I painted my dreams blue. I took a bucket of each shade and I poured them out like a gradient across the sky. I watched as they twined around each other and dried into new shades and colours. I drank in the explosion of blue through all my senses, I listened to it shout and whimper and sing, I tasted its sweet tartness and surprising bitterness. I felt it caress the air around me as I smelled it, crips and so full of life unlike the sale sameness of the grey where I lived. But the sky alone was not enough to stave off the world in which I live. I wanted more. So I took each new shade of blue and I splashed it onto the ground to make an ocean. I added in some specks of green lest it tries to form a mirror image of the sky. It never did. By the time I took some white to paint the clouds and sprinkle in the salt, I could hear the waves crashing against each other and I could smell that thick ocean scent. By the time I let the purples and the blacks dance into a spectacular night, the water caressed my calves and the wind cradled my face. Then I reached down to rip the first handful of earth and place it in my mouth where it burst into all the long lost tastes I had hungered for. The tastes of roots and leaves and bodies and blood. The taste of life. And by the time I had completed my first dream, I had created a world of my own devising in which I was both mother and child, master and servant, author and audience. I had made something which truly belonged to me.
The second time I dreamt, I had an island teeming with life. I did not know what to do with it so I asked my sprouting saplings in a voice I had never heard in a language so old that I did not question its presence on my tongue and on my lips. The saplings wanted to grow, so I drew the warmth of a long-forgotten sun and I called for the heavens to shower them in rain, and then I stood there feeling hot and cold for the first time as the world around me grew and grew and grew. I did that with all the life on my island. The birds wanted to sing, so I wrote them golden arias. The wolves wanted to court the moon so I made her a vain and distant goddess who revelled in the nightly praise. My residents asked me to build them homes in which they were to live but I told them all I knew was lonely grey boxes. My residents smiled at my plans and proudly placed their houses. They had four walls and a ceiling and a floor but not a single one was grey. They were bright enough to invite guests.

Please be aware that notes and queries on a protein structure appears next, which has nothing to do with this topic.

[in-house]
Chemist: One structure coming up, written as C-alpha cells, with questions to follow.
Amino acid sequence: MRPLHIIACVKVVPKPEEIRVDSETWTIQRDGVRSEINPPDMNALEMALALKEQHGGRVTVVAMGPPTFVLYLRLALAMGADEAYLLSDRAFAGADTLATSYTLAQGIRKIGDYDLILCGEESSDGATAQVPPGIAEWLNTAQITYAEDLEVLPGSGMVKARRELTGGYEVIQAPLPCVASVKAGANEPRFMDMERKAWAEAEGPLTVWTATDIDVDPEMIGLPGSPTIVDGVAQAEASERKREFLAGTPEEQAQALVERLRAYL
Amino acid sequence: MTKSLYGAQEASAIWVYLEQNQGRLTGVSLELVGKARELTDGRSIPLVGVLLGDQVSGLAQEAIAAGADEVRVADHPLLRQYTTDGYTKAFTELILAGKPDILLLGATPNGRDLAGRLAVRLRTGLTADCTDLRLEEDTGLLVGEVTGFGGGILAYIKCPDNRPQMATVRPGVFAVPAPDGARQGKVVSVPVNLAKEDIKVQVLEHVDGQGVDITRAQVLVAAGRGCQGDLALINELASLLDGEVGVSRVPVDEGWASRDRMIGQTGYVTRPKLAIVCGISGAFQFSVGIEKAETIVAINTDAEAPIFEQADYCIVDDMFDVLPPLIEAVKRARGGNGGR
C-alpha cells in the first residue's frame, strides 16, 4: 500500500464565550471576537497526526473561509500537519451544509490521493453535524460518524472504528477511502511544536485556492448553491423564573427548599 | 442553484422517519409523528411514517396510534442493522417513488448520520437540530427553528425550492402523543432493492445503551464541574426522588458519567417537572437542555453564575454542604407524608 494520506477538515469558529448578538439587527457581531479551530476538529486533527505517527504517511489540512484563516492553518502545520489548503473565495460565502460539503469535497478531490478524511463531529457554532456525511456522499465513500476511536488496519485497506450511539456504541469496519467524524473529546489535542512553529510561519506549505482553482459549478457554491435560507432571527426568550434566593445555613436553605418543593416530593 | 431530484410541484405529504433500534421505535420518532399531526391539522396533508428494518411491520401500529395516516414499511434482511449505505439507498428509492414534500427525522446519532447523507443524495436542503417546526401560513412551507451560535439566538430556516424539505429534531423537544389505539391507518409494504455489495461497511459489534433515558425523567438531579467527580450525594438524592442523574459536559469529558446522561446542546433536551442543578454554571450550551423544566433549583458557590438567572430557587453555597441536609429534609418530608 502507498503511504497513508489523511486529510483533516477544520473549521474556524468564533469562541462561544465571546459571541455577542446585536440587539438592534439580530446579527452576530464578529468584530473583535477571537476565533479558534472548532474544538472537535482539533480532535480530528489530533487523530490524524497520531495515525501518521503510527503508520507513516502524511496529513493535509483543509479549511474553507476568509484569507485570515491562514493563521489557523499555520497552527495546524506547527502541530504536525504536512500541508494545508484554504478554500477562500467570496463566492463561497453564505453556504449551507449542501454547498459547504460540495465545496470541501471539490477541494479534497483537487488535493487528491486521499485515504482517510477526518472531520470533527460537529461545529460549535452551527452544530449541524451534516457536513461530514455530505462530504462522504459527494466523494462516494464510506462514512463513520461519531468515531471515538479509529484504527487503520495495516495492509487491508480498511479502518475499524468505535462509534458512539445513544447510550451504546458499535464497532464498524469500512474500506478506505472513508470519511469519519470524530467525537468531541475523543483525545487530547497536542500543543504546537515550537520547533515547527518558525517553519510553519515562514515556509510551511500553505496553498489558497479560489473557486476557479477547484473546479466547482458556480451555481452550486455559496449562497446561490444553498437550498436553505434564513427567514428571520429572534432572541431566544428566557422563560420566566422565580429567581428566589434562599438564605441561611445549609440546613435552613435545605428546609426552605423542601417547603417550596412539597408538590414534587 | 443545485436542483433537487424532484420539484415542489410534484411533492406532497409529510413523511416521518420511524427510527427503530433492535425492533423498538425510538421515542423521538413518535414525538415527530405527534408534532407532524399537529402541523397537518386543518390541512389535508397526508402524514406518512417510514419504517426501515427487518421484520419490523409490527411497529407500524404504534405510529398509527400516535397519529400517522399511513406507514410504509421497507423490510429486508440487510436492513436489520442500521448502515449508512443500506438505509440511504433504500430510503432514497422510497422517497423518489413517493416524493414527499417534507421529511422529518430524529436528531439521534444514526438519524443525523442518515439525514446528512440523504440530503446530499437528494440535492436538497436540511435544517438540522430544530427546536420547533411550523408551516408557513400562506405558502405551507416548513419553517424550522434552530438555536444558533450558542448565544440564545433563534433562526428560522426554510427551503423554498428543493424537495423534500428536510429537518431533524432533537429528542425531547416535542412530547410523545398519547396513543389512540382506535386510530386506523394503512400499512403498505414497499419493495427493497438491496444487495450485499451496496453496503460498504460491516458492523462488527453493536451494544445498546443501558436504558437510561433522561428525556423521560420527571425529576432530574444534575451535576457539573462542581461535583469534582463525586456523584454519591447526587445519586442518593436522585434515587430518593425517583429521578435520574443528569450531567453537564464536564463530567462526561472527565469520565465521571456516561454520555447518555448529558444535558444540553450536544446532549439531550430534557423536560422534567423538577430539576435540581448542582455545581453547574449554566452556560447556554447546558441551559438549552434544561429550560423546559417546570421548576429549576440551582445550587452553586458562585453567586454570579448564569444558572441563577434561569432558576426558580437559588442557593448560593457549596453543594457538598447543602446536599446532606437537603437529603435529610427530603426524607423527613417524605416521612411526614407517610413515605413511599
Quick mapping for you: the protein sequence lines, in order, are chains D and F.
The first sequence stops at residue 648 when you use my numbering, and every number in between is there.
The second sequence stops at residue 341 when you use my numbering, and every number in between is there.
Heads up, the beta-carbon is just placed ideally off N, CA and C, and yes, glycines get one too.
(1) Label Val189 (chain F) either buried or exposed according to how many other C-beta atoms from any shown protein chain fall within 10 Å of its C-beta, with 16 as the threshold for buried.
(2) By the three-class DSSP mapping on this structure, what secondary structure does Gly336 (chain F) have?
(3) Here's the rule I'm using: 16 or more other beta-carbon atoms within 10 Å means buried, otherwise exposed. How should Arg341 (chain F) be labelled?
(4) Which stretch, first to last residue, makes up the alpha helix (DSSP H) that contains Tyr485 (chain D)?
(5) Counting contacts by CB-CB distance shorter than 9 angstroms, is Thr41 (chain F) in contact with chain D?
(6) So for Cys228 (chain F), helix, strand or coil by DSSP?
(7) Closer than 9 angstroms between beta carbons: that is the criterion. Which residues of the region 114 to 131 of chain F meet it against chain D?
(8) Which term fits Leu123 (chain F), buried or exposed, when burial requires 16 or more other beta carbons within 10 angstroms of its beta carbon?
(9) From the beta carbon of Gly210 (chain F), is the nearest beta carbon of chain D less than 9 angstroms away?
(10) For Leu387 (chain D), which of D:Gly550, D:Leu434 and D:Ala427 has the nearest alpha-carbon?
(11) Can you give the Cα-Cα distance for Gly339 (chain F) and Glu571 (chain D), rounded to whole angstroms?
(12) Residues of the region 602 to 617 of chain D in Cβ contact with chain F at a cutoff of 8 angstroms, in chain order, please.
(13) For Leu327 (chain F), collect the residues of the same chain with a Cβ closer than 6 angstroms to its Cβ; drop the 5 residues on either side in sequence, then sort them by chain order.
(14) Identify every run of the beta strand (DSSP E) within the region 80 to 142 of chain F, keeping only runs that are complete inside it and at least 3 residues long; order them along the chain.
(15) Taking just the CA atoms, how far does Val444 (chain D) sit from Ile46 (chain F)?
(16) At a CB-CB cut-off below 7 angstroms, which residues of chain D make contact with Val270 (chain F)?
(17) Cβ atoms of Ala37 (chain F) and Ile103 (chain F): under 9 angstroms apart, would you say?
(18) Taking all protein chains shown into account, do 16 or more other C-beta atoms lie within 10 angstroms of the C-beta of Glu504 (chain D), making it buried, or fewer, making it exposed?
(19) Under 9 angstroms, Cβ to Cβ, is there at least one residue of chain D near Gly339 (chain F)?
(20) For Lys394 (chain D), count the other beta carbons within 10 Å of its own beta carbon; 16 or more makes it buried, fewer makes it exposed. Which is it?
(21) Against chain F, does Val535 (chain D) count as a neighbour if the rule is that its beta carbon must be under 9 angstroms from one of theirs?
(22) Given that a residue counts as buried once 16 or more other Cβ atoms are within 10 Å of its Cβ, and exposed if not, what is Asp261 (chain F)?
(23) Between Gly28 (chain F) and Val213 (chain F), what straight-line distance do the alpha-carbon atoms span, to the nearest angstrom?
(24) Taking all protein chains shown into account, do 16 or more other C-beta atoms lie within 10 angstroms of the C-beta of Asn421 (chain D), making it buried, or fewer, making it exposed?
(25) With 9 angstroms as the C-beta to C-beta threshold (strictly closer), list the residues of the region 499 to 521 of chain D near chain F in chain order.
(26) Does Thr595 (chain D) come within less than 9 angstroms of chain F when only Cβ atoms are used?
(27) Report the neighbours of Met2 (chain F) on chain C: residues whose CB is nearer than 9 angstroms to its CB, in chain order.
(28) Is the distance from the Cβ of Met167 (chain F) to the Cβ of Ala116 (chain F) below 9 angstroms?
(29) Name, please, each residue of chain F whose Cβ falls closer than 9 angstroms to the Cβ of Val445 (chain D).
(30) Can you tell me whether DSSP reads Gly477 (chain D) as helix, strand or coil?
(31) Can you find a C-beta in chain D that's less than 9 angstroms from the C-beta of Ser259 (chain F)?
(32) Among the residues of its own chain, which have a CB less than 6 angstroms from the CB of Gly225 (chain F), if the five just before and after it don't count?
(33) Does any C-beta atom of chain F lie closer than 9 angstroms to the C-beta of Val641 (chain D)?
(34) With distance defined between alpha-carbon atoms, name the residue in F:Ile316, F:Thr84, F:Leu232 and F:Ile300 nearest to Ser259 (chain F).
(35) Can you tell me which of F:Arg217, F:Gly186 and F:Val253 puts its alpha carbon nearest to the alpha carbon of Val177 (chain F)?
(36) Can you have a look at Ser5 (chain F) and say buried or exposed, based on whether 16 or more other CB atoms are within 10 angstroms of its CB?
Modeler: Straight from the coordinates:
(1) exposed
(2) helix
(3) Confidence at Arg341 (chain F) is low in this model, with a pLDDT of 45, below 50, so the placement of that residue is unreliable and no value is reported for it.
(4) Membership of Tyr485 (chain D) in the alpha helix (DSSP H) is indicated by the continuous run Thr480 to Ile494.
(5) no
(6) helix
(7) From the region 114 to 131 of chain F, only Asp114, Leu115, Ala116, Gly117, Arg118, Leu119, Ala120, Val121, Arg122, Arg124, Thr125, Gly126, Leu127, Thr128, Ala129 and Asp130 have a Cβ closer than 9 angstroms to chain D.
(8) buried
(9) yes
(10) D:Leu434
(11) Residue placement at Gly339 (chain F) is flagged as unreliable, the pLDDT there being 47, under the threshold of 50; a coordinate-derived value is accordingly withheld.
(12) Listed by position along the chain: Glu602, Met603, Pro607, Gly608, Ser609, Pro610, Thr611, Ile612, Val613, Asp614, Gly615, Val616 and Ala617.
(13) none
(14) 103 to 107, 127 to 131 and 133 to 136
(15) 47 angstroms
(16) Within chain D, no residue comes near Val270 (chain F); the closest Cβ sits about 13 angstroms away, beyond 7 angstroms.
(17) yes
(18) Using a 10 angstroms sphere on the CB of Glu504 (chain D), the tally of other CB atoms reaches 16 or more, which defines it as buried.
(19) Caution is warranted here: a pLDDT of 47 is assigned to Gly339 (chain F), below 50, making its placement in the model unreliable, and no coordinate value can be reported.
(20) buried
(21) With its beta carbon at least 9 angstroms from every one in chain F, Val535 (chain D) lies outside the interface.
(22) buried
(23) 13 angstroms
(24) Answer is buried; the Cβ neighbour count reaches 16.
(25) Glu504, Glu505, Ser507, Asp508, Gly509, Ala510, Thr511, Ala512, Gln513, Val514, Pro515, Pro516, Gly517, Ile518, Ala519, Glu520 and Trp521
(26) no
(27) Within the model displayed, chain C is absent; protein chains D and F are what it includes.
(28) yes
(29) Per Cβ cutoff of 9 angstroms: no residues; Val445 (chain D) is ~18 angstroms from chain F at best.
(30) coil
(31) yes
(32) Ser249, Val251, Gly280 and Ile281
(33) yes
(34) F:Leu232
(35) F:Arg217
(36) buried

By the third dream, I had built a city in the middle of the island of my own devising and I wanted a place within it. I was both giver and recipient after all. I built a clock tower and watched as time sank into the cycles of my world. Then, slowly, a soft ticking came from the tower. It sped up a bit as if becoming more sure of itself and then, with a confident smile, set the rhythm for my dreams. As such, I dream in a world of my own devising. But as long as I reign in the dichotomy of both its ruler and its subject, it will be but a dream. Some faraway place of refuge to escape the enveloping grey sameness. A place to see and hear, to smell, to taste, to touch, to feel. I could not live in a life in which I was in control. So in order to move into my dream, I must relinquish my power.
I asked the residents of my island if they would like me to be one of their own. They welcomed me with toothy grins and open feathers. They shook my hands in their paws. They did not ask why I was the only outlier among them. I was indebted to their gratitude. A debt they assured me I could pay back with nothing more than my presence. But sometimes, when the grey creeps back into the peripheries of the world of my own devising, I indebt myself even further, just so I can prolong the dream.
I have made preparations to leave my life here in the grey. I have a world of my own devising after all. One full of sounds, and life, and colour. One where time ticks on and in which I am not alone. It is time to start living in my dreams.